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Meredith ponders new library locations


MEREDITH — A week after the Board of Trustees of the Meredith Public Library voted to leave the Benjamin M. Smith Memorial Library, a panel charged with selecting a site Tuesday appeared to question the vote to move to a new location in its report to the Library Planning Committee.
The panel wrote "we must be absolutely sure the public approves the abandonment of this historic town facility" and continued, in italics for emphasis "Before that decision can be openly and transparently made, we need a robust dialogue on whether to abandon the present site and a reliable quantitative measure of what the public wants."
Meanwhile, Duncan McNeish said that four criteria were applied to prospective sites for a new single-level library. The lot should between three and four acres in size with frontage on one or more major thoroughfares with prominent visibility. In addition, the panel sought a property within easy reach of Meredith Center.
The panel recommended three properties in order of preference — one on Barnard Ridge Road, another on Plymouth Street and a third, known as the Robertson property, at the southwest corner of the roundabout between US Route 3 and Parade Road.
A number of sites were considered only to be eliminated as either too small or too distant from the town center. These included the former home of Aubuchon Hardware at the junction of US Route 3 and NH Route 25, the Lang Street School, the Orthopedic Clinic at NH Route 4 and Winona Road the former Department of Public Works on Daniel Webster Highway and lots on on Upper Ladd Hill Road and Jenness Hill Road.
The Planning Committee will meet again on Tuesday, May 31, to further consider the panel's report.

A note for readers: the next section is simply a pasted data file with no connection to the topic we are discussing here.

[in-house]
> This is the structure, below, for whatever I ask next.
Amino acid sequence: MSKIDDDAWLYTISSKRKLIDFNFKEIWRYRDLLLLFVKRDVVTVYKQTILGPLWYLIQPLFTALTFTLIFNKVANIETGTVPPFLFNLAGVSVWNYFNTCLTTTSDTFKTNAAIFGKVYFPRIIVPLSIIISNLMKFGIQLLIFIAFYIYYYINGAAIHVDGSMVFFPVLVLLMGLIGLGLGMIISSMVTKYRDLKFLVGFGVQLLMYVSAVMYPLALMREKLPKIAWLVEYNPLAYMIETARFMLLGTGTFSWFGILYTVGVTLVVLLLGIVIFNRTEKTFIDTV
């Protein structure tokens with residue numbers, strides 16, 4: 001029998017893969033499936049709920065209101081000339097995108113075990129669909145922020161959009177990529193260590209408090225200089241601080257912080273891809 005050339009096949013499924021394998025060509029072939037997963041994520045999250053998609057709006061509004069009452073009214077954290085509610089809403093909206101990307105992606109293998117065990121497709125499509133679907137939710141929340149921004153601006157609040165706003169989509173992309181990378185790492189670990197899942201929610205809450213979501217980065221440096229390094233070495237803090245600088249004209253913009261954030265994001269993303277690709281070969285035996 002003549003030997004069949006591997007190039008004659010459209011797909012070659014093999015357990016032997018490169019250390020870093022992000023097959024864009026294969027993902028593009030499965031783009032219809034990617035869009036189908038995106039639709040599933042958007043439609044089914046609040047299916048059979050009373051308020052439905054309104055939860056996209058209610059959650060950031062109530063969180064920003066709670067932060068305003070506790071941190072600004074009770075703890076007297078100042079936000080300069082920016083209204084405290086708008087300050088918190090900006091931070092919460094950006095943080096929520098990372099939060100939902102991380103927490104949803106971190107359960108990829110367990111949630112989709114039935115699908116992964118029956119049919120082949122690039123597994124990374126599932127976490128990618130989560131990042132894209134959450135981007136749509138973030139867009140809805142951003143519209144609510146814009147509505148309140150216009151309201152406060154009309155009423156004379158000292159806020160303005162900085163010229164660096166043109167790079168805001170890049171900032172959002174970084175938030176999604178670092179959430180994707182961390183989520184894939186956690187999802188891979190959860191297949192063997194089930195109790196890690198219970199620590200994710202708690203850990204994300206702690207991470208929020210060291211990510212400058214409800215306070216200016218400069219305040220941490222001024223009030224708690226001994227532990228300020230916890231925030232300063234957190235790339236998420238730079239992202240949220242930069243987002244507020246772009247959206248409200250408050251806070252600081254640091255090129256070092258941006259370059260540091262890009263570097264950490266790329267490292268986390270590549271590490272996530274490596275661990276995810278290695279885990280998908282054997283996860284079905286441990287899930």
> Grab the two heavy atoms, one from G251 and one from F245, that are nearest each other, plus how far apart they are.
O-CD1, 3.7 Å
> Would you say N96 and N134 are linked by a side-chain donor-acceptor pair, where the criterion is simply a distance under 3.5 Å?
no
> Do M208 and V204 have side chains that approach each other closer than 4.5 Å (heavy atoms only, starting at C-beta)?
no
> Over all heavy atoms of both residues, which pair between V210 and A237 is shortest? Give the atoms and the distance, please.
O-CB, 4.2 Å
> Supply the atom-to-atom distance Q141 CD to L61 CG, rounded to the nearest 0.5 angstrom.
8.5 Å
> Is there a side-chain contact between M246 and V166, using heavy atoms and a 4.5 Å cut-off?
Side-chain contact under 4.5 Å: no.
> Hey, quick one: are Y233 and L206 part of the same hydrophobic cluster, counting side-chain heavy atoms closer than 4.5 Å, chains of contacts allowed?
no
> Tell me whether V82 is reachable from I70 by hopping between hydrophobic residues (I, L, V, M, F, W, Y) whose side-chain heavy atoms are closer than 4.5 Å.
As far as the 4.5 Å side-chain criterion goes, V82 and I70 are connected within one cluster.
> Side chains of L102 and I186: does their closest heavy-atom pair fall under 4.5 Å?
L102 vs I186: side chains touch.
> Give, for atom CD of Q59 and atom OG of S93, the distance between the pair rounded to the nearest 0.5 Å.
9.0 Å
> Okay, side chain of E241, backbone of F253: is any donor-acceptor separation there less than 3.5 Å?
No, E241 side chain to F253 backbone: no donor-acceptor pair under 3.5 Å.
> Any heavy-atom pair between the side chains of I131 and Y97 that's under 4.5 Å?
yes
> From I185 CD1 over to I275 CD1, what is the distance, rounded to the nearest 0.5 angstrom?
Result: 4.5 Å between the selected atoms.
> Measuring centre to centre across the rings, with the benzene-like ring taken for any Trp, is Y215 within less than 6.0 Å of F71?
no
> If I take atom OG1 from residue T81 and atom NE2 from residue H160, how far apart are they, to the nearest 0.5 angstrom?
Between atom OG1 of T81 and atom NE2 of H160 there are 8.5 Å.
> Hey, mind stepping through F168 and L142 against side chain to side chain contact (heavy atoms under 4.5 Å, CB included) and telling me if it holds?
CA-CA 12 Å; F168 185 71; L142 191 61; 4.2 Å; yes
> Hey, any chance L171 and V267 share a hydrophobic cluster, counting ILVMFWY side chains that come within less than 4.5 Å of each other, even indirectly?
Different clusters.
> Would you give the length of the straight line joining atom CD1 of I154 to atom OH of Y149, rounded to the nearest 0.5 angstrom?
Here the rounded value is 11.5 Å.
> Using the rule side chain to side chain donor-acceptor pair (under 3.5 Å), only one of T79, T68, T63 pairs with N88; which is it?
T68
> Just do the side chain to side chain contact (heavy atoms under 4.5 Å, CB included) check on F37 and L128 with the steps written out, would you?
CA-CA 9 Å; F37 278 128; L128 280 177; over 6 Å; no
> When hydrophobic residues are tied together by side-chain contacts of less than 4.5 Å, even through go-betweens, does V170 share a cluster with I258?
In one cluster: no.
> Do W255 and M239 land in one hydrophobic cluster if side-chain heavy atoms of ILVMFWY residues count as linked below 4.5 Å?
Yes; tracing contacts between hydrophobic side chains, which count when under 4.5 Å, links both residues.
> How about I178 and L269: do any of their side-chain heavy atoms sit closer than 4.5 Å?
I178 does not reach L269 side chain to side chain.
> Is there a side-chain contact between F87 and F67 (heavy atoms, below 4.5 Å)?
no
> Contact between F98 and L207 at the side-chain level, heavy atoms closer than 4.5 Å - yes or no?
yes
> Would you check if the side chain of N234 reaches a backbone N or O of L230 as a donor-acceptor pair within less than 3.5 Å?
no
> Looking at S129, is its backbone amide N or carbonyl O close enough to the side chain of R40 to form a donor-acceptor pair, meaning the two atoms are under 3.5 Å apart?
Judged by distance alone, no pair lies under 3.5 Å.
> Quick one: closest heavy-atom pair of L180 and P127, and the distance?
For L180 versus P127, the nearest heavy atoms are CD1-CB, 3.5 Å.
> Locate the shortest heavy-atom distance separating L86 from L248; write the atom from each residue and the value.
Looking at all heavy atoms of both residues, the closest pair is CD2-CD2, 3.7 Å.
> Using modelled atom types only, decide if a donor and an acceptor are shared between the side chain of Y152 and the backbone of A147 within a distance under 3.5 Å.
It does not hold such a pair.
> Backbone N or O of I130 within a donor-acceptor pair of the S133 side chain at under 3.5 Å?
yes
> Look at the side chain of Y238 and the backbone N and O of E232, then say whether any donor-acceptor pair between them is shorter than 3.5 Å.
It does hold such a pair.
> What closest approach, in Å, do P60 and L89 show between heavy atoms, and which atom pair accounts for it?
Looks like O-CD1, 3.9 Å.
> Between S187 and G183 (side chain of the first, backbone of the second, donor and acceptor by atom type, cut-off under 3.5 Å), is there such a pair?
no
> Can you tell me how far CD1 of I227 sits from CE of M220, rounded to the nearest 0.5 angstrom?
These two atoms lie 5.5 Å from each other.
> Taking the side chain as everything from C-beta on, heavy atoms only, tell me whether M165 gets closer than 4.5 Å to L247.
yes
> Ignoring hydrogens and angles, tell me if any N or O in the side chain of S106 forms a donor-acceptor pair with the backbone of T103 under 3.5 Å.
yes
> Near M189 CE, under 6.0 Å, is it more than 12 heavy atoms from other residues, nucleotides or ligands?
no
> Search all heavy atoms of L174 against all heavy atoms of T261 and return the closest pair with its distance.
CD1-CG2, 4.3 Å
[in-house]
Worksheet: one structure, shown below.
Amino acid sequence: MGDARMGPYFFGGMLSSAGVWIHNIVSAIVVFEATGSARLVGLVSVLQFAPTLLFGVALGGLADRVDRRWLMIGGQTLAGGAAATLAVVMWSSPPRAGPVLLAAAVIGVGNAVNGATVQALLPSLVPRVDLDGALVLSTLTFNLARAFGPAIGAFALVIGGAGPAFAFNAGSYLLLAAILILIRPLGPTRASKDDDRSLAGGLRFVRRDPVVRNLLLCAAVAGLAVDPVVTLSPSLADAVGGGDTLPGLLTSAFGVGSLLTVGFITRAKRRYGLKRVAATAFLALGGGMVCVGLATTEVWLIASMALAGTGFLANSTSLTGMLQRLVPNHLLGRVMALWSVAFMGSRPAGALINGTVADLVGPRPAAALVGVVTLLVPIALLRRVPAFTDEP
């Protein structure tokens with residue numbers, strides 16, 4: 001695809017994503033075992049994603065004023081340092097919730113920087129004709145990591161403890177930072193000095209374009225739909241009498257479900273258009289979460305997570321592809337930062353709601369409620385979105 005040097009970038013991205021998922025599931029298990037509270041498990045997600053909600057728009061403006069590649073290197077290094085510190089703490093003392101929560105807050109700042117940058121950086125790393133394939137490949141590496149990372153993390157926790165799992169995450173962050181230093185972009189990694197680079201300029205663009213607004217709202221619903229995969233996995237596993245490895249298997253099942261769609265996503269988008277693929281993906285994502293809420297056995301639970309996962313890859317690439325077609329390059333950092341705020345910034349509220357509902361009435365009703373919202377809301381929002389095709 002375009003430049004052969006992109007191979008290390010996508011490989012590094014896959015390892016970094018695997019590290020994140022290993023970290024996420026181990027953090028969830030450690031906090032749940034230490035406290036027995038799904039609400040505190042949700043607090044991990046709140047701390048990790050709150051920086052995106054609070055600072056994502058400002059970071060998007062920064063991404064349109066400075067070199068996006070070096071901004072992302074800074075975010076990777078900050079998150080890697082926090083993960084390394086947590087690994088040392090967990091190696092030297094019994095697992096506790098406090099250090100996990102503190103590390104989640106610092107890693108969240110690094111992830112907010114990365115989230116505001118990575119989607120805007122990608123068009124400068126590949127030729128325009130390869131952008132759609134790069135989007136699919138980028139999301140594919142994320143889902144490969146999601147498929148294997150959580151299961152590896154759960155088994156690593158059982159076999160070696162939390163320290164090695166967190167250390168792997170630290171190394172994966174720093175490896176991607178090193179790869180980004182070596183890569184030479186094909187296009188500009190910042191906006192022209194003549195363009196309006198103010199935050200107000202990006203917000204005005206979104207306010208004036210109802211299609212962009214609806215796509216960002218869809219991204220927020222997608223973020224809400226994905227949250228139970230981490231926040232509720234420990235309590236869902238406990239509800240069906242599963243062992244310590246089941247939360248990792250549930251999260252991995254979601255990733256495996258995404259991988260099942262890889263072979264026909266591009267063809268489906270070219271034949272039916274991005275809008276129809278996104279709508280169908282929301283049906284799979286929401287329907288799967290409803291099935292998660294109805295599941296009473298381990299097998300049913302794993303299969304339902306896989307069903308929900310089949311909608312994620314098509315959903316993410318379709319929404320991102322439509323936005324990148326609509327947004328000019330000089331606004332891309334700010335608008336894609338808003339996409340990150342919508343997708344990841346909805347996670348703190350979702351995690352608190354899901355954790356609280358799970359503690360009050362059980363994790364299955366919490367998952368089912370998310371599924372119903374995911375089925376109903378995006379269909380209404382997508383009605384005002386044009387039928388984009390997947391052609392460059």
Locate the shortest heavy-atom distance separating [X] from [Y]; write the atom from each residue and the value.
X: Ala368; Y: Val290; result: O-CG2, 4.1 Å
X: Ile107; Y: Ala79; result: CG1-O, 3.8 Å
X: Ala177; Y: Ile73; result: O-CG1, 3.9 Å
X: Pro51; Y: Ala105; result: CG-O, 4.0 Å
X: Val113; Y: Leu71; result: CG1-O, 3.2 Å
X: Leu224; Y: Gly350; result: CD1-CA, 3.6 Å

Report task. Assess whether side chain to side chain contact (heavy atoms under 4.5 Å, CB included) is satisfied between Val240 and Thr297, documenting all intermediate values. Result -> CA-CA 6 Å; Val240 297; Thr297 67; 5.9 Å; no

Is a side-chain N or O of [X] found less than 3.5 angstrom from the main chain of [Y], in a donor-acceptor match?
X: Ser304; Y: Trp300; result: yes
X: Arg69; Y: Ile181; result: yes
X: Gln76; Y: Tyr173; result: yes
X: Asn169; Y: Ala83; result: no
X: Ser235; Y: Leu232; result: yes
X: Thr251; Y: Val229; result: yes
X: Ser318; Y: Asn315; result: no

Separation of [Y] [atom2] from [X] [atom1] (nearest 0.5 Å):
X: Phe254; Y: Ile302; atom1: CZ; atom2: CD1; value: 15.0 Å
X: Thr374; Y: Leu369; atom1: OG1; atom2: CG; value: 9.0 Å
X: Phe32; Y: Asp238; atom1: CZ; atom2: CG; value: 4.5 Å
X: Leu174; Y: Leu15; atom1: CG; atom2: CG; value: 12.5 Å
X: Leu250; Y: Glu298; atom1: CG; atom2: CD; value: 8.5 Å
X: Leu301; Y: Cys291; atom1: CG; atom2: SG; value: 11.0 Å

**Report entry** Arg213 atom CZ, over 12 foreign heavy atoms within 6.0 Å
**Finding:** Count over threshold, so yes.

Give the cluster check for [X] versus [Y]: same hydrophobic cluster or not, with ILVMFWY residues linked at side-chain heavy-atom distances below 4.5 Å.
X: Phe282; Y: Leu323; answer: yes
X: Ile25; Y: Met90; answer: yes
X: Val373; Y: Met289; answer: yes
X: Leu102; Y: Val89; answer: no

City wants state school property to be sold


LACONIA — The City Council unanimously adopted a resolution Monday urging the New Hampshire Department of Administrative Service to proceed with the process of offering the former Laconia State School for sale as stipulated by the companion bill to the 2016-2017 state budget.

Mayor Ed Engler proposed the resolution in the wake of a proposal introduced by state Sen. Jeanie Forrester (R-Meredith), who chairs the Senate Finance Committee, to repeal the directive to sell the property and instead lease it to private party for a substance abuse treatment and recovery facility.

The resolution recalled that in December Michael Connor, Deputy Commissioner of the Department of Administrative Services told the mayor and city manager Scott Myers that a broker would be hired and the property would be listed for approximately six months before granting the city an opportunity to exercise its right of "first refusal" to purchase it, if necessary by matching the highest and best offer submitted.

Engler said that following the process is in the best interests of the city, explaining that marketing the property could provide an indication of its value as well as how private owners might redevelop it.

WOW Trail given green light, parking spaces, turn lane to go


LACONIA — At the request of the Winnipesauke-Opechee-Winnisquam (WOW) Trail committee, the City Council agreed Monday to eliminate the dedicated right-turn lane leading from New Salem Street to Main Street along with 12 parking spaces on New Salem Street to clear the route of the second phase of the trail from the Laconia Public Library to the Belmont town line.

The vote was taken without debate and Councilor Brenda Baer (Ward 4) alone dissented. Although Baer did not speak to her vote, she had earlier expressed misgivings about the risks to both pedestrians and cyclists crossing Main Street .

Maureen Bieniarz-Pond read a letter from Richard Mitchell, who owns and operates Pitman's Freight Room, repeating his opposition to the route of the trail, which not only will pass about 12 feet from the entrance to his building but also eliminate the dozen parking spaces near his venue.

City Manager Scott Myers said that the city has accepted an offer from Craig Beane, who owns property on New Salem Street, to share parking spaces on his lot, which houses the Salvation Army Thrift Store. Beane has indicated that between 30 and 60 could be made available to the public. Myers said yesterday discussion are underway to determine how many spaces could be opened to public parking and at what times.

Allan Beetle, president of the WOW Trail committee said that the Planning Board is expected to approve the route of the trail when it meets next month and that construction is scheduled to begin in July with hopes of completing the project in October.